Bailey's Taproom Looks to Expand into Loft Space Above

2013-02-21 10.50.35

Our friends at Bailey’s Taproom have informed us that the world class craft beer bar in downtown Portland, Oregon is looking to open a new space above their current pub. Still in the process of getting approval from the Oregon Liquor Control Commission (OLCC), proprietor/publican Geoff Phillips is patiently awaiting a verdict for his application.

The new spot above Bailey’s Taproom in the same building at the corner of SW Broadway and SW Ankeny will feature a separate entrance from Bailey’s popular storefront at 213 SW Broadway. The new addition recently acquired by Phillips is around the corner at 720 Ankeny. The space is best known as once housing the 24 Hour Church of Elvis from 1994-2002, a cult artist tourist destination of the Rose City, run by artist Stephanie “Stevie” G. Pierce. The “church” offered legal and “cheap not legal” weddings and served primarily as an art instillation that is currently at its fourth home not far away. Since then the space was occupied by Fosler Architecture, a local Portland firm specializing in commercial renovation and new construction projects, until proprietor Steve Fosler’s lease expired.

Bailey's Taproom upstairs space

Now Phillips and the Bailey’s team is enthusiastically formulating a plan for the cozy brick-clad loft that carries with it much of the same ambiance as the larger pub below. According to Phillips, the new space would present a 30 person occupancy (this includes the bartenders) and would be ideal for special events, carrying with it a speakeasy ambiance.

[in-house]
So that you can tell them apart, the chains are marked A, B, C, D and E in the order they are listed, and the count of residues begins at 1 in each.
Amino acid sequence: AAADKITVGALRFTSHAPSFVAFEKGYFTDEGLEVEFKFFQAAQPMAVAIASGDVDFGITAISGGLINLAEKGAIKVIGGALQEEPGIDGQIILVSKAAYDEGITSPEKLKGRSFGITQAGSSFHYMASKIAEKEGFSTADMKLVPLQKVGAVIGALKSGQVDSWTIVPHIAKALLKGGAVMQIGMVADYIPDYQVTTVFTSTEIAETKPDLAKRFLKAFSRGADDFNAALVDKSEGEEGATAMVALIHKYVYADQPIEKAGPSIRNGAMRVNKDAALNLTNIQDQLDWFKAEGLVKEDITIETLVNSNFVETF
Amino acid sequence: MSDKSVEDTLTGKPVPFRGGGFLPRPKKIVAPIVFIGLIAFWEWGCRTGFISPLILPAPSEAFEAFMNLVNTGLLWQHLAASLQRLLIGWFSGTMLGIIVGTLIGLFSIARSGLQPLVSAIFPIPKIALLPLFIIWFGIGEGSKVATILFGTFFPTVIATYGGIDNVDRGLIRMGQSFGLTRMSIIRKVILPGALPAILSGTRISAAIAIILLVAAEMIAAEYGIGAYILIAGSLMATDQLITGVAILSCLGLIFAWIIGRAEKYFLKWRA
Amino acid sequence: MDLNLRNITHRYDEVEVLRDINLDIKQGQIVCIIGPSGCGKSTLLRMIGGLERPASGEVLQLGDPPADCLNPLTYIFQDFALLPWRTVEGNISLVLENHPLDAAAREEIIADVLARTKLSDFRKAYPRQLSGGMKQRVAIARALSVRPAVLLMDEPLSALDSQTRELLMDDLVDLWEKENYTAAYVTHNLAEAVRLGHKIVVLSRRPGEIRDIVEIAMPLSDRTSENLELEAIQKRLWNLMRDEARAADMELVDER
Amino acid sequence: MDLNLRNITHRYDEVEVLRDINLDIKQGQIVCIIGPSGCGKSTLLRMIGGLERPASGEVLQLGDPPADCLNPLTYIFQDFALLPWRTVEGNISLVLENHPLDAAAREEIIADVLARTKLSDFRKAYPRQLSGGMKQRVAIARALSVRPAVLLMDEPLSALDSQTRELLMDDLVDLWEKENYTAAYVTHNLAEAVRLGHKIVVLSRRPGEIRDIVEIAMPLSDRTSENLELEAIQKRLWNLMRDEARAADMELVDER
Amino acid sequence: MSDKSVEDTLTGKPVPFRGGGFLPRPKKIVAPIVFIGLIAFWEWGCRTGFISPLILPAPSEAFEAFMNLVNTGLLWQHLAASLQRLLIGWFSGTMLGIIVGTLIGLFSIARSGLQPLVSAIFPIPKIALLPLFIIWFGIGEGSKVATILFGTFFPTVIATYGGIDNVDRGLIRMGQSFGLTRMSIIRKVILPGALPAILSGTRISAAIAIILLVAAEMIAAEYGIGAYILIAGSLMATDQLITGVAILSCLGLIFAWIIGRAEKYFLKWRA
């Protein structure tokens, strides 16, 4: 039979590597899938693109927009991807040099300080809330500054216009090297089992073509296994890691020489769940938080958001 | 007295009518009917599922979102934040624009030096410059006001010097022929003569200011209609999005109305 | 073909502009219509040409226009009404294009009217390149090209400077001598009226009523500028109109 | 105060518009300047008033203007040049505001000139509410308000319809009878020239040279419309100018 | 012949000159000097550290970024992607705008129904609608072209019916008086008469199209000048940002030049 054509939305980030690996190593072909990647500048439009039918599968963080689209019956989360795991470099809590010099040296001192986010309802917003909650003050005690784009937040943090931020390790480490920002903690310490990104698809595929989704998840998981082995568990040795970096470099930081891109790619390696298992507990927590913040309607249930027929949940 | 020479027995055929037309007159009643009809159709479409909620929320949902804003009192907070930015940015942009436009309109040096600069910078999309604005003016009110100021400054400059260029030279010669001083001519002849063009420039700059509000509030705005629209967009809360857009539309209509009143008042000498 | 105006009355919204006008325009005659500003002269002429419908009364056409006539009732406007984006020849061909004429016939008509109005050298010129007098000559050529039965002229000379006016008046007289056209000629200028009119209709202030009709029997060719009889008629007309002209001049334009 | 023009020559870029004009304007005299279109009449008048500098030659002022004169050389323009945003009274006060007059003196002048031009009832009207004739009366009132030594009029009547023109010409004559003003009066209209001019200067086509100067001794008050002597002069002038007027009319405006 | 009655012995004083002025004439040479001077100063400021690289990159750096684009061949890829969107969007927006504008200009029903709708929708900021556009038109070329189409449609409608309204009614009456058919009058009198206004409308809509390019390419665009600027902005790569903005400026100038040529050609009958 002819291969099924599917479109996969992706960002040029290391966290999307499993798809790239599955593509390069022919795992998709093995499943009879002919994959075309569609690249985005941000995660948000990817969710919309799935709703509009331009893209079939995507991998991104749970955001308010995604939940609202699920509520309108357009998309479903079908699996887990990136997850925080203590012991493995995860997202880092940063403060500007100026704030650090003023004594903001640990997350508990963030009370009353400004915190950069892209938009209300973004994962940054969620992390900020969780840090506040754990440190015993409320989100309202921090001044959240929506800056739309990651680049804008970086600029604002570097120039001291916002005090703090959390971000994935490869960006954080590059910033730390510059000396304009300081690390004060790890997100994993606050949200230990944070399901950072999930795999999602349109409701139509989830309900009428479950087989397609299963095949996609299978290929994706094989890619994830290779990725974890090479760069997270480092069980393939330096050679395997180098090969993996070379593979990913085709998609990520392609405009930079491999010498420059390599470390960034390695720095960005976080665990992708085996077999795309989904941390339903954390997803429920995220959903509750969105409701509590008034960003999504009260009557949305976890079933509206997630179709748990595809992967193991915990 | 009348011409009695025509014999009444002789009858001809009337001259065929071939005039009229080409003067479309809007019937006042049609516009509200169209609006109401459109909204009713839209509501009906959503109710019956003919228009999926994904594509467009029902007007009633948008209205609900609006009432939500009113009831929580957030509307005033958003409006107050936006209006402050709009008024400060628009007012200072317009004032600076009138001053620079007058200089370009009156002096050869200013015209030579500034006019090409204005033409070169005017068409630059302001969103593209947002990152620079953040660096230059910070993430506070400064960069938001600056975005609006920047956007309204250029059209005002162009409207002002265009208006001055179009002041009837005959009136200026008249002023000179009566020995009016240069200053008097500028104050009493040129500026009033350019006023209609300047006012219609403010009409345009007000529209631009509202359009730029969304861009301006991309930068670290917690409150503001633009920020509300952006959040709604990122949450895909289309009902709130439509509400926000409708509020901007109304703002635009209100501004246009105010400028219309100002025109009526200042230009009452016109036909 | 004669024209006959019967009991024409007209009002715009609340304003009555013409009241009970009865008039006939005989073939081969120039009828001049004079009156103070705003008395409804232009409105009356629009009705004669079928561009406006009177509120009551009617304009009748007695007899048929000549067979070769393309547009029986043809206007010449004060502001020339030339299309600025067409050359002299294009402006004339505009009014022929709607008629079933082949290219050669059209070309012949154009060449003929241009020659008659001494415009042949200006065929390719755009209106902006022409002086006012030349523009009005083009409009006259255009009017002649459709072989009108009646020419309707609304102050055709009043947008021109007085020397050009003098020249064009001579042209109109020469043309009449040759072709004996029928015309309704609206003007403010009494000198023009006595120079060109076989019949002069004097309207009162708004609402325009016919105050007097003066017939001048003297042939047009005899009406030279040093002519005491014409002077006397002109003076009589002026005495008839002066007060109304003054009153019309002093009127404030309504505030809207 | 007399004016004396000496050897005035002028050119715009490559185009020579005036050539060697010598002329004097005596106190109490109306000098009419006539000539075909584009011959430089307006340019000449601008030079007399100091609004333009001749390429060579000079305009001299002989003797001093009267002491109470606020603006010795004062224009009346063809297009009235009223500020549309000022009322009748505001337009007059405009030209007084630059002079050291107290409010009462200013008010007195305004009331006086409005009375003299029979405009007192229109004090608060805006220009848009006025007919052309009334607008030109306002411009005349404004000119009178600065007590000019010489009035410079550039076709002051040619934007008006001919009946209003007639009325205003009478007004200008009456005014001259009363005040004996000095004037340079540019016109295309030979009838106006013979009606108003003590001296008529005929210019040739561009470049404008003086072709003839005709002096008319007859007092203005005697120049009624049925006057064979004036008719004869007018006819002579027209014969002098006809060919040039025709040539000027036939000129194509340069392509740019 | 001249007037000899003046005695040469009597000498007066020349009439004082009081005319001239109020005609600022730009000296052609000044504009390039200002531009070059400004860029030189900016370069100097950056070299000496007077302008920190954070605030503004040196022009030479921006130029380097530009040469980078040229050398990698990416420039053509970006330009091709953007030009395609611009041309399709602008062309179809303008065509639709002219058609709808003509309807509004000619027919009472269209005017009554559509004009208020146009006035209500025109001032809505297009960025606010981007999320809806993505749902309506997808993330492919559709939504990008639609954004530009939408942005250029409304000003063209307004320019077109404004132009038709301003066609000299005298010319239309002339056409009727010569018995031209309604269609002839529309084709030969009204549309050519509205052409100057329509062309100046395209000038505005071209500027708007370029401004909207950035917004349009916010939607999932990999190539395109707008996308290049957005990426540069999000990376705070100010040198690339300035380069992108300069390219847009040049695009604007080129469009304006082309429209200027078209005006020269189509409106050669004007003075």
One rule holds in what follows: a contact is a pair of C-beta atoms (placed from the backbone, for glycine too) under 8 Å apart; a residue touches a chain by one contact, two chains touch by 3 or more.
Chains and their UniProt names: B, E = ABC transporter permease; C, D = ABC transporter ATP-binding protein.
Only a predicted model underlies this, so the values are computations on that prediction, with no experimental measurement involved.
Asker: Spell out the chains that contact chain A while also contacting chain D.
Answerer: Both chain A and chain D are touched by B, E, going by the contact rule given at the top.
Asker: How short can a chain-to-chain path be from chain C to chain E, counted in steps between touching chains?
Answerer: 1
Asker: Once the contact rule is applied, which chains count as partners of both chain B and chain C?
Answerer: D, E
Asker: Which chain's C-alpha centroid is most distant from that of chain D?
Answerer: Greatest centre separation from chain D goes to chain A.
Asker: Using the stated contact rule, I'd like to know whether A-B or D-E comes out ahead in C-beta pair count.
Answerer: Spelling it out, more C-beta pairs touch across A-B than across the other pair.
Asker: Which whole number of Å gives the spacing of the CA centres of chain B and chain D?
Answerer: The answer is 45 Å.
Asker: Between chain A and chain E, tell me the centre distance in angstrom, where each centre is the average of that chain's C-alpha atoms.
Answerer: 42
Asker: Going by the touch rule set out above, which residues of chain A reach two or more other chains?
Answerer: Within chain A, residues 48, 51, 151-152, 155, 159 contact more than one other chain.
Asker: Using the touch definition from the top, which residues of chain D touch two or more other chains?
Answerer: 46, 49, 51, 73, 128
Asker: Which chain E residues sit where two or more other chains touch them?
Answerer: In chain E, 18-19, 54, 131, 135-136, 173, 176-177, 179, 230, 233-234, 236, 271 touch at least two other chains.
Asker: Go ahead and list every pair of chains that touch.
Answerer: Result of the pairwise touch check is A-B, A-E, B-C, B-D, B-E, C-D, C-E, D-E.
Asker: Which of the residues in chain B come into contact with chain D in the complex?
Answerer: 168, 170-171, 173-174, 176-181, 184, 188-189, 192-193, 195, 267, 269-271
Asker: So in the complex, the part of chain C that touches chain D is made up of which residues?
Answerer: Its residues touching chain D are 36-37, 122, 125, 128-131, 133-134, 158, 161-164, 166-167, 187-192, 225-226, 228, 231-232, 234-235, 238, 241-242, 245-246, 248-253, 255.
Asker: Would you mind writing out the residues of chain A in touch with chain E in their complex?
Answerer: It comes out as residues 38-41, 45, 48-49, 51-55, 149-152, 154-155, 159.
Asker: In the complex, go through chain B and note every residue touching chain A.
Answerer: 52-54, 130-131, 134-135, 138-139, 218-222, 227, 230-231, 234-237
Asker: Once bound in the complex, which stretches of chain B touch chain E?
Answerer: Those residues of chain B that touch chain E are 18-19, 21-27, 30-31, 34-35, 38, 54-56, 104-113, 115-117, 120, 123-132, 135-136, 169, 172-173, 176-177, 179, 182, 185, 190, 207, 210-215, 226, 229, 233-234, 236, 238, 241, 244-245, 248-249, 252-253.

Bailey's Taproom's Geoff Phillips and Emma Beckman“With the giant wall, I would love to build another cooler and add a dumbwaiter.” attests Phillips enthusiastically. “It’s a killer 30-foot wall, and I’d love to have a like 15-foot long by 10 feet high cooler. With another 15 feet in length for longer term storage. 15 feet glass reach in, the other 15 feet closed wood doors. That would be a goal.”

Still Phillips doesn’t want to get too far ahead of himself. He knows that a lot rides on permitting. “I don’t know if it’s going to happen” he says. “I really want it to happen. I would love to be more clear but at this point I don’t know the details of what is allowable.”

In much the same way that Saraveza’s Bad Habit Room  is a separate entranced entity from the main bar area, much of Phillips’ next move hinges upon whether or not Bailey’s Taproom will be able to extend its current liquor license to include the new space. “If I have to apply for a brand new permit, that would suck and obviously delay the opening” admits Phillips, adding, “The OLCC isn’t exactly the quickest game in town.”

Upstairs space at Bailey's Taproom

Still in the early stages of working out a plan for the new space and still without a working name (not-so-serious ideas have included “Upper Lip” and “Church of Alevis”), Phillips is open to exploring the many options of his intimate new inhabitance.”An idea I am toying with is making the space available for tiny beer dinners with folks like (Sous chef) Paul (Kasten) from Wildwood Restaurant” says Phillips. “The fact that I am limited to 30 people, it would be an opportunity where more of the crowd is captivated.”

Beer cooler at upstair space at Bailey's Taproom

Phillips recently purchased a 4-cap kegerator that might be workable if the project gets rolling soon. “We could fit five half-barrels. It could be a sixth-barrel system. Right now there’s a lot of potential” he says. “We’ll just have to wait and see.”

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